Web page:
Measurements of gill protein synthesis, and hence turnover, were greatly facilitated over the last decade by the application of 'flooding dose' methodology to non-mammalian species. Numerous studies show that in fish and aquatic invertebrates, gills are among the most active tissues with respect to protein turnover, this being true under a variety of environmental and nutritional conditions. The main components being turned over in fish gills are probably collagen, primarily in the gill arches, and epithelial cell proteins in the filaments, both arches and filaments having similar protein synthesis rates. Intriguingly, differences are apparent between protein synthesis rates of adjacent holobranchs, the first (most anterior) being significantly more active than the second or third, perhaps hinting at functional differences between holobranchs. Experimental estimates of energetic costs for protein synthesis, derived from cycloheximide treatment of isolated perfused gills, give a maximum value of 14 mmol O2/g protein synthesized, which is about double theoretical costs. Environmental stressors, such as heavy metals or acid/aluminum, have variable effects on branchial protein turnover. Limited data suggest that zinc or acid exposure depresses protein synthesis, whereas acid/aluminum increases it quite markedly. Calculations indicate that whereas effects within the gilts may be substantial, in terms of whole animal energetics, the costs of branchial adaptation are likely to be small.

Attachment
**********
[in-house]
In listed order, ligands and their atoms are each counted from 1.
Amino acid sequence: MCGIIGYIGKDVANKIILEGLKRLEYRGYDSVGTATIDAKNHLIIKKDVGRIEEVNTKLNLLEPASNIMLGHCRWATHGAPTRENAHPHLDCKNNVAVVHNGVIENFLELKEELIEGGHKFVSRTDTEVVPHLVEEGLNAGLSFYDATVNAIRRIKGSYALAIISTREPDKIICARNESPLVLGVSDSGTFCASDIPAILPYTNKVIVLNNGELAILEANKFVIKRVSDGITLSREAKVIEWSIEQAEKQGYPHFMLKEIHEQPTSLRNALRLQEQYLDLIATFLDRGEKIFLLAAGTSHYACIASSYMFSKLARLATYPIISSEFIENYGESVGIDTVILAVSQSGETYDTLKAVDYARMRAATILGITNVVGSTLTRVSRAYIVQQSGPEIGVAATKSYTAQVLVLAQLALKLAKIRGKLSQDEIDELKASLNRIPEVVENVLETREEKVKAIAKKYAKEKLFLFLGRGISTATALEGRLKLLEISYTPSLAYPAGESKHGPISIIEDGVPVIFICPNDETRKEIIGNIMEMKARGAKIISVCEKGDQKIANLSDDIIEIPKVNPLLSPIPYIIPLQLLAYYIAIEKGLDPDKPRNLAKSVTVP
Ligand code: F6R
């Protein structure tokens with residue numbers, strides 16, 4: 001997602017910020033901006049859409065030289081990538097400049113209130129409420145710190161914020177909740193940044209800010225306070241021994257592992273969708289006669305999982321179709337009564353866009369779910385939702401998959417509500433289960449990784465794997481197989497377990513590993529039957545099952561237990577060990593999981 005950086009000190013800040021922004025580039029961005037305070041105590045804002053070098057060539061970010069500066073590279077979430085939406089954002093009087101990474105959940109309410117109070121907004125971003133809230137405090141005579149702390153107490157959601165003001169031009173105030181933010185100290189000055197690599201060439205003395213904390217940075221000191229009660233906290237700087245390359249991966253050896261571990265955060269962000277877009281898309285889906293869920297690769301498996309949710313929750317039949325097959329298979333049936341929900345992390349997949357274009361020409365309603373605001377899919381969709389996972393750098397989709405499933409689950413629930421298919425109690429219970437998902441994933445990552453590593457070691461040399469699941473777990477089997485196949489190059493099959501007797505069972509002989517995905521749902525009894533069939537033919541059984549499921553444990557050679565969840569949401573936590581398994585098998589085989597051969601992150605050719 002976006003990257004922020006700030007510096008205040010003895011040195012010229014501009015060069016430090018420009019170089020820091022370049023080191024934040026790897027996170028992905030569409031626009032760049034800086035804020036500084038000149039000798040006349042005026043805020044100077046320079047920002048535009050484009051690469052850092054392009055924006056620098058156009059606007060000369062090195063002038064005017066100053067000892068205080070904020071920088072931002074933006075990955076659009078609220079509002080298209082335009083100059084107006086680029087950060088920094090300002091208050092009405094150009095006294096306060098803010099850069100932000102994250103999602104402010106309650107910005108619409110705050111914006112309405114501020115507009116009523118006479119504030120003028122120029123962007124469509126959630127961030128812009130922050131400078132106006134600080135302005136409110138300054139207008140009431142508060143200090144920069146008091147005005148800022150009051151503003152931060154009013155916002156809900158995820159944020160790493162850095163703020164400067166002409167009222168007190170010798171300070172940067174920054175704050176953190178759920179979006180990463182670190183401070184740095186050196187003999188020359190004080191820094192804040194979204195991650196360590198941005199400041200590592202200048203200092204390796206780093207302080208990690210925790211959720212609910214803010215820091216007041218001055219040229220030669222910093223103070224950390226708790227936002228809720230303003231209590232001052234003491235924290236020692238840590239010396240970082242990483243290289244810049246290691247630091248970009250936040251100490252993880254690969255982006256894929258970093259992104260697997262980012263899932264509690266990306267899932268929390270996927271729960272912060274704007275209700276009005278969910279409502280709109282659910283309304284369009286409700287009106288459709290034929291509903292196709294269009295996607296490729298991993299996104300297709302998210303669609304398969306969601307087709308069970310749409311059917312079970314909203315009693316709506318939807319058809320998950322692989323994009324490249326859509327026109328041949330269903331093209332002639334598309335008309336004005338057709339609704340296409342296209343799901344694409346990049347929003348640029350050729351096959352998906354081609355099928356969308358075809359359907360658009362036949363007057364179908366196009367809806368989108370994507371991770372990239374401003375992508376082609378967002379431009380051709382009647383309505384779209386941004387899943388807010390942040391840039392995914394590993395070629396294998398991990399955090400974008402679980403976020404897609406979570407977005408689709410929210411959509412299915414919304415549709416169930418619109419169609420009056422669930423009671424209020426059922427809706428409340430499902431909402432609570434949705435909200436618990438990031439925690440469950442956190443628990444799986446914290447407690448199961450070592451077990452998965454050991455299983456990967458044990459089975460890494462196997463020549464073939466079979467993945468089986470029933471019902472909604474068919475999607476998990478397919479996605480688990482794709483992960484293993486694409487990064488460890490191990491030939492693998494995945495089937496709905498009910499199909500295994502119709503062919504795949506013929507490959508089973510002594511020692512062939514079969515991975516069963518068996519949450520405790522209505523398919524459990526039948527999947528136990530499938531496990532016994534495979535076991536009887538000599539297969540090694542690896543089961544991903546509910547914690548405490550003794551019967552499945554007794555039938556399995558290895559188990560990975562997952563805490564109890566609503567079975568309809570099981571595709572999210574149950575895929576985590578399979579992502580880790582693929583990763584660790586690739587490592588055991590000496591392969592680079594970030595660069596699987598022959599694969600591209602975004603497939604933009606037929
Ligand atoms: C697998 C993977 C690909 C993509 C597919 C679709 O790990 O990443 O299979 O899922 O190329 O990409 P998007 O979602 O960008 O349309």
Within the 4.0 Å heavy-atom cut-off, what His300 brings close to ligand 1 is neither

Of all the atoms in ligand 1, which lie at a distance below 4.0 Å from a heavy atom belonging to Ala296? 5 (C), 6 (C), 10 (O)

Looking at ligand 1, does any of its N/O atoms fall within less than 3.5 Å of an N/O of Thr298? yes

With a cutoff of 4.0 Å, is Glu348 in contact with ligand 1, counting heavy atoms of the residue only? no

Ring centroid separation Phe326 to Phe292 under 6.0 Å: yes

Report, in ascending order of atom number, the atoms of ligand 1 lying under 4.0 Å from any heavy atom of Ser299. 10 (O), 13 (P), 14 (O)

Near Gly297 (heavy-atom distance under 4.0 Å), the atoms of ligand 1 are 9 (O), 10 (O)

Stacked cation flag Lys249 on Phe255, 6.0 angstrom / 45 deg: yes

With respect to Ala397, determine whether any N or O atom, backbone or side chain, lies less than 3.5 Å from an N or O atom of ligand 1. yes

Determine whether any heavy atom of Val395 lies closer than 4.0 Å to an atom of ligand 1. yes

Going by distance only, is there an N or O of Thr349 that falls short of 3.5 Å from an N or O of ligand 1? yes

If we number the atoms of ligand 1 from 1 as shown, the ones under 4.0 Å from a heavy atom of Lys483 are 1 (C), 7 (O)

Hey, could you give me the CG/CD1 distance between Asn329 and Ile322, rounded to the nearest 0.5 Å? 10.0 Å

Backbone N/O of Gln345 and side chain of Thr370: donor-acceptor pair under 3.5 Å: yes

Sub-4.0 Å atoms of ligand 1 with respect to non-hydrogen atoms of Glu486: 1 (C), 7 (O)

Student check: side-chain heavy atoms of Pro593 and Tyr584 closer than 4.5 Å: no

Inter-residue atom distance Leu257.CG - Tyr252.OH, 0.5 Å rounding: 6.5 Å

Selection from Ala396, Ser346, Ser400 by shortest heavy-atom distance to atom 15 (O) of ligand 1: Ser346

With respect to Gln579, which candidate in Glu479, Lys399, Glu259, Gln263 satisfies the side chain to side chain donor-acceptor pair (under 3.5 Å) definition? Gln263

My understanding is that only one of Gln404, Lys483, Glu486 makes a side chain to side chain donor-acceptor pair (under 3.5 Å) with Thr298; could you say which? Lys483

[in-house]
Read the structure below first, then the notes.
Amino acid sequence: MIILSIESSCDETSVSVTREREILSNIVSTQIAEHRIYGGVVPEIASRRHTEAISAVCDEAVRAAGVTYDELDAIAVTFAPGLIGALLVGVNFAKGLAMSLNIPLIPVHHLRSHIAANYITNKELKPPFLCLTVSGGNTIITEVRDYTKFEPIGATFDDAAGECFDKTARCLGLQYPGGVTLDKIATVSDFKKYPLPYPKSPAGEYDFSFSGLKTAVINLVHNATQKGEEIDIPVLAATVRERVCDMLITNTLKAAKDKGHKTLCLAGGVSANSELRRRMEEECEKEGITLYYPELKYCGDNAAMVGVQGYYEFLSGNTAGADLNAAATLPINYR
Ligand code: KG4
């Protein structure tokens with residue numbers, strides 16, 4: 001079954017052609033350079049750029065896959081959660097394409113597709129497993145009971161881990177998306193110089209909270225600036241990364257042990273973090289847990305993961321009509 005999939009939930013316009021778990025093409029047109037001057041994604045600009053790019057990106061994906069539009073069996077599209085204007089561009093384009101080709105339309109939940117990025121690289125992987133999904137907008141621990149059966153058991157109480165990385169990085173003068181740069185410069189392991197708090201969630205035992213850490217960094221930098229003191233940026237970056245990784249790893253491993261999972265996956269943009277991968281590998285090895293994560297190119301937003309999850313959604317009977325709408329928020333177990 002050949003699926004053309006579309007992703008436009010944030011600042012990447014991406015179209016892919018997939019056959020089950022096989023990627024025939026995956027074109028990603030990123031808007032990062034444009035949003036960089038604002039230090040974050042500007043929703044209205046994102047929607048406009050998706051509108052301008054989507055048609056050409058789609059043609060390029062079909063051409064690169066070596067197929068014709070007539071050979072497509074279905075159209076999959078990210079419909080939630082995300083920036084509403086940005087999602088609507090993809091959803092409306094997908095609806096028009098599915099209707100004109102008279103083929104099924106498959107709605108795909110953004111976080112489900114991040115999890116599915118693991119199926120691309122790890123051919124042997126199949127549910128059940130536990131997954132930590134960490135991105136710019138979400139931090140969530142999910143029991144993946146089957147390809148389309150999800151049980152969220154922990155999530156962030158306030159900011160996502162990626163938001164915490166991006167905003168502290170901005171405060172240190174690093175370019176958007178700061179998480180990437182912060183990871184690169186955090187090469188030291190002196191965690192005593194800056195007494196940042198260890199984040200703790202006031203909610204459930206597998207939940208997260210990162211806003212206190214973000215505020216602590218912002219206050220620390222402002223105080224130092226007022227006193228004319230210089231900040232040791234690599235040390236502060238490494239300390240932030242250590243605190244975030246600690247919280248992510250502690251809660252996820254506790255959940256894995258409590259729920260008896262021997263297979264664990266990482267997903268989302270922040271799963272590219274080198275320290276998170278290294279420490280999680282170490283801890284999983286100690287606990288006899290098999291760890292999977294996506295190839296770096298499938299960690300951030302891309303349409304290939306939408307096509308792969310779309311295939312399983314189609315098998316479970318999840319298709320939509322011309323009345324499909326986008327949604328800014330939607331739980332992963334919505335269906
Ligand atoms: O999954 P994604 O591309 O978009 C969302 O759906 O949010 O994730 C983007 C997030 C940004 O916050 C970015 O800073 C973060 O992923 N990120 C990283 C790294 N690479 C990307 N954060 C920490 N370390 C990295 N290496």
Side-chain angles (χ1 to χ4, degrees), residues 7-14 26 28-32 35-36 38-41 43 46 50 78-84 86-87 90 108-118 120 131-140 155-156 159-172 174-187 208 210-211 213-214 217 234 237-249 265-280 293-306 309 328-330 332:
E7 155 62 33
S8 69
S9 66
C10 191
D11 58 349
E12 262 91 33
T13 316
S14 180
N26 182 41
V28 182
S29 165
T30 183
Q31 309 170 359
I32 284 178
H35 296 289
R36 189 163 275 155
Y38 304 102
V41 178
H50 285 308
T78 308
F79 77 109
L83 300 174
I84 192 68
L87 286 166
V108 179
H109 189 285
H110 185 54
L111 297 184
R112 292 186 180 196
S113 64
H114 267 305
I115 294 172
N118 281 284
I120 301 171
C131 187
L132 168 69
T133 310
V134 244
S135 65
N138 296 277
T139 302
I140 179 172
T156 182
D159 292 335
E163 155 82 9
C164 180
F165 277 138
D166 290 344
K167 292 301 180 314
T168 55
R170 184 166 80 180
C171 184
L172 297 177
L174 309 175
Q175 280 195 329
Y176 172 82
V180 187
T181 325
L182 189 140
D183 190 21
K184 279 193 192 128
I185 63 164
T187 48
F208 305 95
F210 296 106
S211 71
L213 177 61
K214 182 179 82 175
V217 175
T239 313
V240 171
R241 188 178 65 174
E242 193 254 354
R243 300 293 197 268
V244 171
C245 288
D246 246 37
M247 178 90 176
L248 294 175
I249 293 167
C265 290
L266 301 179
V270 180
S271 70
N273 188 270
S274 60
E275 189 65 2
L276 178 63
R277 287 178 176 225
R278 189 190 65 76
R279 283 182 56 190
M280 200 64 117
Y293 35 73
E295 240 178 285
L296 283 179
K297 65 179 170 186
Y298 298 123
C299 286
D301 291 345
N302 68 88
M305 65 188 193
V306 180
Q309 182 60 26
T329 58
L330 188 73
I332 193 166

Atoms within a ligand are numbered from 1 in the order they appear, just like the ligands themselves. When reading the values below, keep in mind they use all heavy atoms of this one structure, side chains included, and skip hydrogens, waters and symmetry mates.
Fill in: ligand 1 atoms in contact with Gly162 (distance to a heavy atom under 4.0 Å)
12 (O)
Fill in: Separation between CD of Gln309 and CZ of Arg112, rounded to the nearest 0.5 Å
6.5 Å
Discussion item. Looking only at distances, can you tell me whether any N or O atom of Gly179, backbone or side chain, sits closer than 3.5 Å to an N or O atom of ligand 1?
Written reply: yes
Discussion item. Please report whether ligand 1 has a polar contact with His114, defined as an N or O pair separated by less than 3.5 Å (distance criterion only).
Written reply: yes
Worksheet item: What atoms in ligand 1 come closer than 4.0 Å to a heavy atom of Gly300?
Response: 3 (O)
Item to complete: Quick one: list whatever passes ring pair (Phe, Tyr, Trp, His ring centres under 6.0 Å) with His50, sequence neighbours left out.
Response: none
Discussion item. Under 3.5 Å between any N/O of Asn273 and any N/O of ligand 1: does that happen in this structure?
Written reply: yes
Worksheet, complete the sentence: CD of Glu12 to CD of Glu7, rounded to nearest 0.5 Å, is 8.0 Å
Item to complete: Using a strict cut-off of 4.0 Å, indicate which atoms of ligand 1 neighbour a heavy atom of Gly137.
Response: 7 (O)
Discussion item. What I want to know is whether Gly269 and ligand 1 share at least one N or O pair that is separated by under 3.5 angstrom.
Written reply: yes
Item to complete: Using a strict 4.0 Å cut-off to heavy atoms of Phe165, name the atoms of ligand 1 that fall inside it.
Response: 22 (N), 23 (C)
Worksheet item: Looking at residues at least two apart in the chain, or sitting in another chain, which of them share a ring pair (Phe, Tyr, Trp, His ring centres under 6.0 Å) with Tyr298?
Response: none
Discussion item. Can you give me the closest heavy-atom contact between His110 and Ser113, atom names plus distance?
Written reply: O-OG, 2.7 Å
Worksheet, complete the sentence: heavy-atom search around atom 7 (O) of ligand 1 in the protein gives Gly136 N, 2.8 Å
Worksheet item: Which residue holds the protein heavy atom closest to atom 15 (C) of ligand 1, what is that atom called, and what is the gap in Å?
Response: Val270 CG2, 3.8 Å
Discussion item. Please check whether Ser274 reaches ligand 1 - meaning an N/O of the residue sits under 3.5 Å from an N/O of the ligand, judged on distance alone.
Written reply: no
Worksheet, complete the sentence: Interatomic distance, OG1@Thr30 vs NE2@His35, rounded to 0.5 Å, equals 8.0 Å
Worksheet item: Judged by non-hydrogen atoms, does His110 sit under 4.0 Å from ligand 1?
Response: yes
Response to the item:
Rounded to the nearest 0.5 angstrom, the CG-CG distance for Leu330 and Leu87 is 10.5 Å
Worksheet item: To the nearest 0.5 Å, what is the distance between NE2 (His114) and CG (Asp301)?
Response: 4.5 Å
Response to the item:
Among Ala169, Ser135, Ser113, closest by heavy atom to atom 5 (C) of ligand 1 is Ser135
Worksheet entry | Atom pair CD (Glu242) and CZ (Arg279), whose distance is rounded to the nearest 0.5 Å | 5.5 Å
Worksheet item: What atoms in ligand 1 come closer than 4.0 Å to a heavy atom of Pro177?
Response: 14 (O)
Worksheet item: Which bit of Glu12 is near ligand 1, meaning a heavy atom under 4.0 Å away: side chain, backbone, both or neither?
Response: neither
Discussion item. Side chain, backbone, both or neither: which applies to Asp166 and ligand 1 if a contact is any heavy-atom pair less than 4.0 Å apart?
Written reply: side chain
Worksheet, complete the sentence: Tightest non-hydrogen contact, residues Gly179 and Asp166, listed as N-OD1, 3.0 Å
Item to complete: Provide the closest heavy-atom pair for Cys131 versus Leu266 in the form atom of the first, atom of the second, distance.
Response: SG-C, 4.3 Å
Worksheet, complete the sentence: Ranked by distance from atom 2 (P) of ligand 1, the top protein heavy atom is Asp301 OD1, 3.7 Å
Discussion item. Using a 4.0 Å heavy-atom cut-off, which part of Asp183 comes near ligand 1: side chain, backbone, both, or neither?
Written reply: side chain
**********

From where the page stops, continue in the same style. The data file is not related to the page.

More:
|Number of pages||8|
|Journal||Comparative Biochemistry and Physiology Part A: Molecular and Integrative Physiology|
|Publication status||Published - Jan 1998|
- Energetic costs
- Environmental perturbation
- Protein synthesis